Canada’s universities are once again part of the global academic community

On Friday Canadian universities reached a significant agreement with the government to smooth the exchange of skilled academics between Canada and the rest of the World.

Back in late 2014 the Canadian government, unintentionally, made it harder for universities to recruit valuable international faculty while trying to improve with the Temporary Foreign Worker (TFW) legislation.

Under the new proposals, negotiated by the AUCC, universities can choose to submit a transition plan for overseas recruitment through the AUCC rather than to the federal government. Christine Tausig-Ford, Vice President and CEO of the AUCC has welcomed the new proposal, saying “they are looking for solutions that meet both federal government objectives and the “needs and mandate of universities to recruit top academic talent from around the world”
Canadian universities have always been global in their outlook and approach. It is part of the character of Canada and is reflected in both the student and academic community at leading Canadian universities. My own professors at the University of Ottawa came from around the world, and when I moved to South Africa I was again taught by Canadians.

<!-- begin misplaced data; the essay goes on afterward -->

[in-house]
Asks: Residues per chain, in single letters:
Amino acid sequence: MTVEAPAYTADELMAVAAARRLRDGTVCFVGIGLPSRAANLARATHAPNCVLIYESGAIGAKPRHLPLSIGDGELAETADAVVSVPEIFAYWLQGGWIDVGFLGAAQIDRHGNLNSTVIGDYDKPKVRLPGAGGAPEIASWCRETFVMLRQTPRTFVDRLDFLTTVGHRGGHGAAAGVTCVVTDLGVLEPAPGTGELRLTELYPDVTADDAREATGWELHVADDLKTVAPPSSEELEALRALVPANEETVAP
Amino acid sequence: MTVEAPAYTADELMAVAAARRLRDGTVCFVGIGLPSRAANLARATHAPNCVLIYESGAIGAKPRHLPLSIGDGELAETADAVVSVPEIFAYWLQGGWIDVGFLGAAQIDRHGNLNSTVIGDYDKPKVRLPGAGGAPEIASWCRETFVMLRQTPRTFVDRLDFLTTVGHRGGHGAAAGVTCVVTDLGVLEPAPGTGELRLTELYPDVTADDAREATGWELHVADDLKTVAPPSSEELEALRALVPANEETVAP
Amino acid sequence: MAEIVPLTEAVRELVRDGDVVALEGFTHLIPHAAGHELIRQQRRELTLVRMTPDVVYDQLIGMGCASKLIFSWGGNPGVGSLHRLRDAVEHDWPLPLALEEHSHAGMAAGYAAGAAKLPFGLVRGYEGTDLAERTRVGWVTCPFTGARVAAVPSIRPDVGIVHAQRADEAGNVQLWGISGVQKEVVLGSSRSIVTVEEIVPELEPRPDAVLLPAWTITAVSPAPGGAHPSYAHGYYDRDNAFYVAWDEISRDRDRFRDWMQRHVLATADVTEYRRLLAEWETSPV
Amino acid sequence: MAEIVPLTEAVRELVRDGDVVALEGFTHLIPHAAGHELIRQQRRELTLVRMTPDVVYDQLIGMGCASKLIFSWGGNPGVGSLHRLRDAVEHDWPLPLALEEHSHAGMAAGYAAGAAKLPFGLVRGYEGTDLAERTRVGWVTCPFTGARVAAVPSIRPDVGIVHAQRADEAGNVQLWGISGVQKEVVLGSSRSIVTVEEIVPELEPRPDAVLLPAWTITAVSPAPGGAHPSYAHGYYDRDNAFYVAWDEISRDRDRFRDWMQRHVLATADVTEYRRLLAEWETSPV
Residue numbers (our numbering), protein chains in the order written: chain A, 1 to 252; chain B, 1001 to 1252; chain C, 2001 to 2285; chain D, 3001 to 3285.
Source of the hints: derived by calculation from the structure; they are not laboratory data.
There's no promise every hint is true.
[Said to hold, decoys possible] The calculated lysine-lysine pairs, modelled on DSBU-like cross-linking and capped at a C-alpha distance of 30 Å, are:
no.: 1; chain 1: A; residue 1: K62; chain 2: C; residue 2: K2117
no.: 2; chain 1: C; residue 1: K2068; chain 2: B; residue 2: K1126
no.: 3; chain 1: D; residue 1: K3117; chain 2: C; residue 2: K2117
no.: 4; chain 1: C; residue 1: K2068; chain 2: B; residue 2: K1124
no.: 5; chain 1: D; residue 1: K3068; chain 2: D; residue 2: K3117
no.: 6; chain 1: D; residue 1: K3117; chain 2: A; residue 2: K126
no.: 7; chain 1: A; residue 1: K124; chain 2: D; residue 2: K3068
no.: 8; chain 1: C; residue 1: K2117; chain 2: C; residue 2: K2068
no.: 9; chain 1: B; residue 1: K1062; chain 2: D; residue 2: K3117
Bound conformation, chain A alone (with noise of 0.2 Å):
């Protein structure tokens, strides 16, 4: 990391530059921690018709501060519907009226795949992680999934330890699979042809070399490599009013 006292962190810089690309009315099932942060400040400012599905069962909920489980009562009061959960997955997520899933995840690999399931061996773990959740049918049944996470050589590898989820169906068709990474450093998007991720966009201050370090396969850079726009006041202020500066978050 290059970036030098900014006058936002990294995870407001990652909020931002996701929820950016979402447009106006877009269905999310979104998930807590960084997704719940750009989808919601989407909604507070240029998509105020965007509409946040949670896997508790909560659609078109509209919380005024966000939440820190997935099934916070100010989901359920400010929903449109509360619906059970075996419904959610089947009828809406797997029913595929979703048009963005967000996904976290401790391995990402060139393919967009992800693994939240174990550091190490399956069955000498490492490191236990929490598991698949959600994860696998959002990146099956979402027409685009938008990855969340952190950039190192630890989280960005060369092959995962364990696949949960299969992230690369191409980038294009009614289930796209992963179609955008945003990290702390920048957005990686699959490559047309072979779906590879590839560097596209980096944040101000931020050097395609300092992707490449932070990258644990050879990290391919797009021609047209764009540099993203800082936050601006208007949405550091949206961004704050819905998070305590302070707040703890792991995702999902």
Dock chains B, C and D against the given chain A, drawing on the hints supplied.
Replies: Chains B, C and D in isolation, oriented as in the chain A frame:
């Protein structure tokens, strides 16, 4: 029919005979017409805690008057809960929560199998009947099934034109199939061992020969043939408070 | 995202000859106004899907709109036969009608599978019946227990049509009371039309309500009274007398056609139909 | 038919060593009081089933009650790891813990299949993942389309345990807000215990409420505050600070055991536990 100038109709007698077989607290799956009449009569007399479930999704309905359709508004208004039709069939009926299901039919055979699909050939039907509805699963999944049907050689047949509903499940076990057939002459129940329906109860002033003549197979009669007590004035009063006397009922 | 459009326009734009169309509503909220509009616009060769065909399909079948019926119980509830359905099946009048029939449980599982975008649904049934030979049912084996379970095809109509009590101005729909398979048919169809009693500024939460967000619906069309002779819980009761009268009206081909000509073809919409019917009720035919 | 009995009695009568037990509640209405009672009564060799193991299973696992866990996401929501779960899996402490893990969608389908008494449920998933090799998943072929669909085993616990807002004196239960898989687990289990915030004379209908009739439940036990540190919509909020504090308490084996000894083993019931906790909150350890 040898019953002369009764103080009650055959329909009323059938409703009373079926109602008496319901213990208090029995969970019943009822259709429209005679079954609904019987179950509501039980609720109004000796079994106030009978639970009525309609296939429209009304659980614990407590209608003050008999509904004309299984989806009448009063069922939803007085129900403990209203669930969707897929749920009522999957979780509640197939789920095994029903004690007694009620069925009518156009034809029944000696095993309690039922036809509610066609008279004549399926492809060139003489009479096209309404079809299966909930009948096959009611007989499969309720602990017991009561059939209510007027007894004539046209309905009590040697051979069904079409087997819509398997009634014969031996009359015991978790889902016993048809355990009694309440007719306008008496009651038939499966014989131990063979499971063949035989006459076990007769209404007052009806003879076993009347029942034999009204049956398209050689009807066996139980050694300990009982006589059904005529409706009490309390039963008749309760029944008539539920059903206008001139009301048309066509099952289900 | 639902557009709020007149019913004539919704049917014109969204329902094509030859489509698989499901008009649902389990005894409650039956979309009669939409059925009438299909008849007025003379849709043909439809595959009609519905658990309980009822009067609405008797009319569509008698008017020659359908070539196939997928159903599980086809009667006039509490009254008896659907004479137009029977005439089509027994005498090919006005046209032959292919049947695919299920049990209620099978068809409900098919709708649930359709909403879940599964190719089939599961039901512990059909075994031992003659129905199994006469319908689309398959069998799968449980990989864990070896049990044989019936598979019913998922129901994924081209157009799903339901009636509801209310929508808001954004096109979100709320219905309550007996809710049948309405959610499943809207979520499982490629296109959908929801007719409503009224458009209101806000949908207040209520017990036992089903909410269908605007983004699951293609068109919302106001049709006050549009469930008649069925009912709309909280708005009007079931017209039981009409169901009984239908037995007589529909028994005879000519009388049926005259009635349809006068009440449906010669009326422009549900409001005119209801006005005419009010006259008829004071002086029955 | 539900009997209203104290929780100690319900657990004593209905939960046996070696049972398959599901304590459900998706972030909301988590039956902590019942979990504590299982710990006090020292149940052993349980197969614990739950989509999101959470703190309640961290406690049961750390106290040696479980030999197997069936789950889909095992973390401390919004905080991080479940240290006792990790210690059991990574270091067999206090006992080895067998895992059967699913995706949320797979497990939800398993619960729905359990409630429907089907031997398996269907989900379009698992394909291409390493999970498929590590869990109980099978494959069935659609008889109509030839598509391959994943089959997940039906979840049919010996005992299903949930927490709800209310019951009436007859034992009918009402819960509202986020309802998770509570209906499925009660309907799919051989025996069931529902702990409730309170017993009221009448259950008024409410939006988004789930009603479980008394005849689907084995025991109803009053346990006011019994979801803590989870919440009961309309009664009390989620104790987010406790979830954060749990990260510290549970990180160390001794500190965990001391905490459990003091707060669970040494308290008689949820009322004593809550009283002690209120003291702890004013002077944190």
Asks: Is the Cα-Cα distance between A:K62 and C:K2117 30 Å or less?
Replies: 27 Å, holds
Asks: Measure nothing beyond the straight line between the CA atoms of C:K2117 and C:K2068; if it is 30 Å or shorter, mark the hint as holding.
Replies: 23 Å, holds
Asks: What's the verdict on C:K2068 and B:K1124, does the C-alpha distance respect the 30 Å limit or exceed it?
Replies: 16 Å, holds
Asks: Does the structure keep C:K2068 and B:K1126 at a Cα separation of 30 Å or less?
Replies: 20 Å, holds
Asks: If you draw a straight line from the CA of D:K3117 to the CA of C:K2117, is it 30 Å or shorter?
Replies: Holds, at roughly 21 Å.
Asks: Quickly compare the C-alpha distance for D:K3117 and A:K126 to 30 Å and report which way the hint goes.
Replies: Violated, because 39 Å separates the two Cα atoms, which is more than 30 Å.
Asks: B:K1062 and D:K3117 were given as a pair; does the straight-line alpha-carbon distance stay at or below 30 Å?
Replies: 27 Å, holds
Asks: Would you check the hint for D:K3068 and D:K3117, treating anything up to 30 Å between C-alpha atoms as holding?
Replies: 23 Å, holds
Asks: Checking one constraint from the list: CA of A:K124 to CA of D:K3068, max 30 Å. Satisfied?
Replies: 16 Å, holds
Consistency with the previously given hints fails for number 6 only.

Professor of Economics, Frances Woolley, from Ottawa’s Carleton University was quoted in the Global and Mail saying “You are looking at a culture where people feel they are part of an international community. Why shouldn’t they hire internationally?” Woolley has written on academic hiring in her own discipline and contributes regular articles to the national newspaper.
The solution reached by Canadian universities will be of interest to our GAJobs members in other countries where universities sometimes feel handicapped by Government visa regulations. We know our partners in South Africa and India will take a keen interest in this development, as will all our readers aspiring to a truly international academic career.

Wendy Stone

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